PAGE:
April 30, 2017

Helping PR pros make smarter decisions

The death of email has been greatly exaggerated.

The death of email has been greatly exaggerated.

Another week, another new shiny object introduced, and yet another round of “__________ is dead” discussions.

I really, really dislike the “_______ is dead” meme, and wish it would go away. Unfortunately it won’t.

This week’s entrant is Facebook’s new communications system, which is not as we have repeatedly been told, an email system. Email is dead. Why? Because Mark Zuckerberg talked to his girlfriend’s sister, and she said so. From the Fast Company article (thank you for pointing to this, Scott Monty):

The teens told Zuckerberg it was too much trouble to think of a subject and to compose a formal message. They wanted to communicate more quickly, more casually the way you do in real life. They could do that with text messaging, but email was too cumbersome.

So there you have it! The end of email is nigh. Or not.

Television didn’t kill radio, satellite didn’t kill cable, and social communication won’t kill email. I’m even willing to say that email won’t kill the regular mail, but it might end up a specialized, boutique offering. While it’s entirely possible the methods used to communicate will shift, the only one I can think of off the top of my head that I’ve never seen used is smoke signals. People still send telegrams in some parts of the world, and the Russian spies caught in the US this summer used Morse Code to communicate, along with short-wave radio.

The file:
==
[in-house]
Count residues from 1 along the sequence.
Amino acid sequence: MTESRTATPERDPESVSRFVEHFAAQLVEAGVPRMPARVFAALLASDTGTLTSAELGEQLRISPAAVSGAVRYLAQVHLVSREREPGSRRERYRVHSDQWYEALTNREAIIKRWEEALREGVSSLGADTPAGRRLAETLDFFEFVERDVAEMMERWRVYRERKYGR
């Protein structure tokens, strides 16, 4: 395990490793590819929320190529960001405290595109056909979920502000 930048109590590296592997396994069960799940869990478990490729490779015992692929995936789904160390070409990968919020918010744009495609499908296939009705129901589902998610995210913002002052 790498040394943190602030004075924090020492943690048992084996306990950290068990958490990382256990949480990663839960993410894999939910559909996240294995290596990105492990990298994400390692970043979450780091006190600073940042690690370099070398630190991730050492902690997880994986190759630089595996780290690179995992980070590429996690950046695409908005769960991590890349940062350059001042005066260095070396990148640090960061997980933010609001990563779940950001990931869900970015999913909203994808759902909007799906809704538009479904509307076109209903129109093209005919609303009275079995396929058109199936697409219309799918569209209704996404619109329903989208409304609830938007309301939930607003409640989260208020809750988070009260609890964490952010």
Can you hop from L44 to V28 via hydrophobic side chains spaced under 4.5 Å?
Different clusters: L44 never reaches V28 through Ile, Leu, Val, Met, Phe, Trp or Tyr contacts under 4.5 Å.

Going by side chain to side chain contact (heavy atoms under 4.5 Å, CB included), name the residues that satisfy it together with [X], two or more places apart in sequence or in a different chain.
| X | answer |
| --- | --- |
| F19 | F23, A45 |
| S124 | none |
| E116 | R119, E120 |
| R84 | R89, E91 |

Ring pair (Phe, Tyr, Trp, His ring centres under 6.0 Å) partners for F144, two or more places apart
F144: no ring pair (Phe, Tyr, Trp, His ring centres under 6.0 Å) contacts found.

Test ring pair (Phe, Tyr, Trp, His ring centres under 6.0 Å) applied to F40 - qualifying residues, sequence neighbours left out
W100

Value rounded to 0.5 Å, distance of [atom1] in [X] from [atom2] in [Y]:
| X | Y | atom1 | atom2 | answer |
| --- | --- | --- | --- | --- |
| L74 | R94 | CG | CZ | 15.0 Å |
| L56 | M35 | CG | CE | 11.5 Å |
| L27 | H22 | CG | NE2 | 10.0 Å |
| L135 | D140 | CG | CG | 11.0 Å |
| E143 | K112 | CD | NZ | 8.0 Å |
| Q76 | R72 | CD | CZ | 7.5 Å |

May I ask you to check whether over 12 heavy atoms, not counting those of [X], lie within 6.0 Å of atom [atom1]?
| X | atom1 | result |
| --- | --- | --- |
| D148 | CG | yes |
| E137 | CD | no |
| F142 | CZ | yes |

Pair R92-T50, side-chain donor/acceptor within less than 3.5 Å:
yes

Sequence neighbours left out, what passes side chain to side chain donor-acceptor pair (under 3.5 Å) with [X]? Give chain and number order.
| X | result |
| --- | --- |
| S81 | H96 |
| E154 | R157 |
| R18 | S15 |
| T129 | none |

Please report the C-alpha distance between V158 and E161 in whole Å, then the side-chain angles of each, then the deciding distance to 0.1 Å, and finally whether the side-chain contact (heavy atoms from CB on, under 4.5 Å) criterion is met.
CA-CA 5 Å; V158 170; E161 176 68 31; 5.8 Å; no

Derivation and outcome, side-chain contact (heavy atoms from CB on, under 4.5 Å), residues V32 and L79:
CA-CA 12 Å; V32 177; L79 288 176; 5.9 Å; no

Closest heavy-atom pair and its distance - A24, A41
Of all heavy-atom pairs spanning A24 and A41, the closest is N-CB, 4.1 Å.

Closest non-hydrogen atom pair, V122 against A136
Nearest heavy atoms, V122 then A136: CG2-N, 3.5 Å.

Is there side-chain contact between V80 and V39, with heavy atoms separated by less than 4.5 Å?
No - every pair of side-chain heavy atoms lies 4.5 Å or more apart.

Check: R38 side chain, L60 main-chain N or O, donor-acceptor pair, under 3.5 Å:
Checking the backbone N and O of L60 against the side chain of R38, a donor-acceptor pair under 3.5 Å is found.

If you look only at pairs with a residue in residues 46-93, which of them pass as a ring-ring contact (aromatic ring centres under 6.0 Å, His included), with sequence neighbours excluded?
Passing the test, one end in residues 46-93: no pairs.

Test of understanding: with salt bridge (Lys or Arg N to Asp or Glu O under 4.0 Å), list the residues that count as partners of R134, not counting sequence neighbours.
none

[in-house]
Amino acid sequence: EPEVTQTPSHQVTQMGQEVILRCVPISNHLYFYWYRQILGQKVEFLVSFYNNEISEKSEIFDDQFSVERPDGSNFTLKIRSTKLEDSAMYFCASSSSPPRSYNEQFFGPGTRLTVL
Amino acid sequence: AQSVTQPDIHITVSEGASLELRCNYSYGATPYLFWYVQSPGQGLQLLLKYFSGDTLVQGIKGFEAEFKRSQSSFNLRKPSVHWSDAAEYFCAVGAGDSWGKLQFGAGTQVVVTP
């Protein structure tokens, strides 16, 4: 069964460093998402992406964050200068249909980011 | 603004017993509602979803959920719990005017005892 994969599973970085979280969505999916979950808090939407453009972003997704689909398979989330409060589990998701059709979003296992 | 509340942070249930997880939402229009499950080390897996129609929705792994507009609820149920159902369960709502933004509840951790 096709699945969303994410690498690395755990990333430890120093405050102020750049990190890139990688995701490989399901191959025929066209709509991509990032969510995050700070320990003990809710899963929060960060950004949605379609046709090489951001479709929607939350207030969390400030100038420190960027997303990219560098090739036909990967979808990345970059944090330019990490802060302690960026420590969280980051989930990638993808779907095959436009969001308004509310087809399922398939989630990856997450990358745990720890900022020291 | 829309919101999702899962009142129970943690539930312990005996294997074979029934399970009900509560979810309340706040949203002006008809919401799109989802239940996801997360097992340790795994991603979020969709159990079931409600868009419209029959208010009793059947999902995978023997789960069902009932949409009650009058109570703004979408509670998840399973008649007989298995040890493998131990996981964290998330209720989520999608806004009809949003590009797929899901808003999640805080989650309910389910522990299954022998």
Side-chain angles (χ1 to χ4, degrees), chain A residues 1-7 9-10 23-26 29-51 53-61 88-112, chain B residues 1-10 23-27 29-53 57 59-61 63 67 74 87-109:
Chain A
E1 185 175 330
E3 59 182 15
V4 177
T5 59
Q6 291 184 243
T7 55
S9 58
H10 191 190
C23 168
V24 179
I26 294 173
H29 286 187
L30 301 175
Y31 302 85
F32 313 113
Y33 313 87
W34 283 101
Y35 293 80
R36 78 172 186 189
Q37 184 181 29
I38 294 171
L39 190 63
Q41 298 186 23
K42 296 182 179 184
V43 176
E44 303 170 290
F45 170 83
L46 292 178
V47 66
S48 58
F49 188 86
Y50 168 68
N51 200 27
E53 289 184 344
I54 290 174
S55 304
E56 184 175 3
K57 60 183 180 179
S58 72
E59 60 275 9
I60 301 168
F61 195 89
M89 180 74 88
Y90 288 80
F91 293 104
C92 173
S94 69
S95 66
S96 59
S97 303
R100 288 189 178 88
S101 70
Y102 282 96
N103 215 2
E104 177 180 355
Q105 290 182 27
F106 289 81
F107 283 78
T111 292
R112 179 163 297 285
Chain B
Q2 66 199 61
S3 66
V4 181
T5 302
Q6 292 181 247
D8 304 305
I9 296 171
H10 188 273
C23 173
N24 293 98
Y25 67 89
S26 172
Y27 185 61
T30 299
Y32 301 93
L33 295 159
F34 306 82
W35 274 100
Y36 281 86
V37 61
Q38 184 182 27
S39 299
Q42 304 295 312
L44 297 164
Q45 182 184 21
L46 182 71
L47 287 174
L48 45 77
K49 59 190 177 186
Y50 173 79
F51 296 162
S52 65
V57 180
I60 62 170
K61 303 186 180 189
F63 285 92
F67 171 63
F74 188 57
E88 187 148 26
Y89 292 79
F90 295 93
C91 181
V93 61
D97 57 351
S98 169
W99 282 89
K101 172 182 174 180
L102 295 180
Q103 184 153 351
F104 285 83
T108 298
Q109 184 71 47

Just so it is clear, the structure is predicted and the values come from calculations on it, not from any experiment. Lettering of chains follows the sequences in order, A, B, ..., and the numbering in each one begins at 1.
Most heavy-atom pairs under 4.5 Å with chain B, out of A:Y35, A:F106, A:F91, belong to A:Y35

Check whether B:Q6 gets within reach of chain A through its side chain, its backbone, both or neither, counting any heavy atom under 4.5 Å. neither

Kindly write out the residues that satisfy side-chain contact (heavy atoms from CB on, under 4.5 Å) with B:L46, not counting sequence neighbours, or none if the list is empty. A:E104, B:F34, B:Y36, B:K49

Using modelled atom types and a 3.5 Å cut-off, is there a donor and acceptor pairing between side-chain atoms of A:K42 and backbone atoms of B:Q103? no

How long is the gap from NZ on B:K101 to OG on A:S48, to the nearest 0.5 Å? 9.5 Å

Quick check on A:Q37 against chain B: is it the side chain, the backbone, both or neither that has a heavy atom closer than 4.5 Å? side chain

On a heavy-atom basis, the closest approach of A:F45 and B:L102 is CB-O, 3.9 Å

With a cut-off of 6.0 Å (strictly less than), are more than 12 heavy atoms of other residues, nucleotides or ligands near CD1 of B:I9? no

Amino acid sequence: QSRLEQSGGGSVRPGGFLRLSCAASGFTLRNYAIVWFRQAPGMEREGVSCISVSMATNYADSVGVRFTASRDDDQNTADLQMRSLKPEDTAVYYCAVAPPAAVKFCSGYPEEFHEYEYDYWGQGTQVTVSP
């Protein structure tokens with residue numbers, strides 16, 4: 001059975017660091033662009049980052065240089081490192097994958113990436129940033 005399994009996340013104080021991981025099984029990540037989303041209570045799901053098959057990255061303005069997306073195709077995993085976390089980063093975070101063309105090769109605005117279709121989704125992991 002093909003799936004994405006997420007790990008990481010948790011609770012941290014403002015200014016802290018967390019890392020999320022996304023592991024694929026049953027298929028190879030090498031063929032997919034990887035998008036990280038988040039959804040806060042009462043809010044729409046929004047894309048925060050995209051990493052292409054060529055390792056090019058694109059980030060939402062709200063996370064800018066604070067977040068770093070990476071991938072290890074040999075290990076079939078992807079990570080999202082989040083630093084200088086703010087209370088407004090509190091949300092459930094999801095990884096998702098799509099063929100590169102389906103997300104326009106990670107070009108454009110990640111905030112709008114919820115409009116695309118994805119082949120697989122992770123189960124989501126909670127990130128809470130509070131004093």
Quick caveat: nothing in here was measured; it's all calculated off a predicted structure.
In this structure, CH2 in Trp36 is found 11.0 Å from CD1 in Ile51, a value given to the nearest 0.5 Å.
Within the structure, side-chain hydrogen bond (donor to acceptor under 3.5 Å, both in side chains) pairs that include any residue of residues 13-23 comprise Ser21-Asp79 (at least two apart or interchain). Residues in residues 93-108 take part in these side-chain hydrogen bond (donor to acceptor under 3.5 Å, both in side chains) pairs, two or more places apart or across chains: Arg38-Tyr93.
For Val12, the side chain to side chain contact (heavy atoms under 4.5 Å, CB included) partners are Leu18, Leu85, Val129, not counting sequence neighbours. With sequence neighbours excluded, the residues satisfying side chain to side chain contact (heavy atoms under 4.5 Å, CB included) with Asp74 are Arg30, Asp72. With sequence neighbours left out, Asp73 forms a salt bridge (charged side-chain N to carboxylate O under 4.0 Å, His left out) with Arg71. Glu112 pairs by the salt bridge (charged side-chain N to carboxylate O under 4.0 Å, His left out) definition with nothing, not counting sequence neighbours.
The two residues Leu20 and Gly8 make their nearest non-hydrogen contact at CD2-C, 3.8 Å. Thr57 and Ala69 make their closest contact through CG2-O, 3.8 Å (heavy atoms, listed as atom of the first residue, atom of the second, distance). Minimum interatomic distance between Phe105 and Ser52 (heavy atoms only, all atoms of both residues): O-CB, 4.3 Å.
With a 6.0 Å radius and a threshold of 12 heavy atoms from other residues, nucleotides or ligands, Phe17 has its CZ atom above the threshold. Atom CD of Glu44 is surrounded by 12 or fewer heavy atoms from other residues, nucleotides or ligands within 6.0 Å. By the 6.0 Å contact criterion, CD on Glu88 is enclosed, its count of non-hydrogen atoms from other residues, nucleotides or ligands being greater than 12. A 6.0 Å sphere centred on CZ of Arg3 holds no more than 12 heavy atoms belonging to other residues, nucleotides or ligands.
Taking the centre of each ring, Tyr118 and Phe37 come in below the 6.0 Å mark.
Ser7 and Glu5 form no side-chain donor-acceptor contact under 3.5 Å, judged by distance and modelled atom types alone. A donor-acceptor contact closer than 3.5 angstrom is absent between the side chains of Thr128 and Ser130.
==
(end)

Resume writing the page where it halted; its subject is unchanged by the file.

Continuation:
Different types of communications methods will be used in different settings. But I guess that’s a lot less flashier to say than “email is dead.”

Now about the statement that it is “too much trouble to think of a subject and to compose a formal message”–that’s just depressing.

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About The Author

Jennifer Zingsheim Phillips is the founder of 4L Strategies, and has worked in communications and public affairs for just over 20 years. Her background includes work in politics, government, lobbying, public affairs PR work, content creation, and digital and social communications and media analysis.

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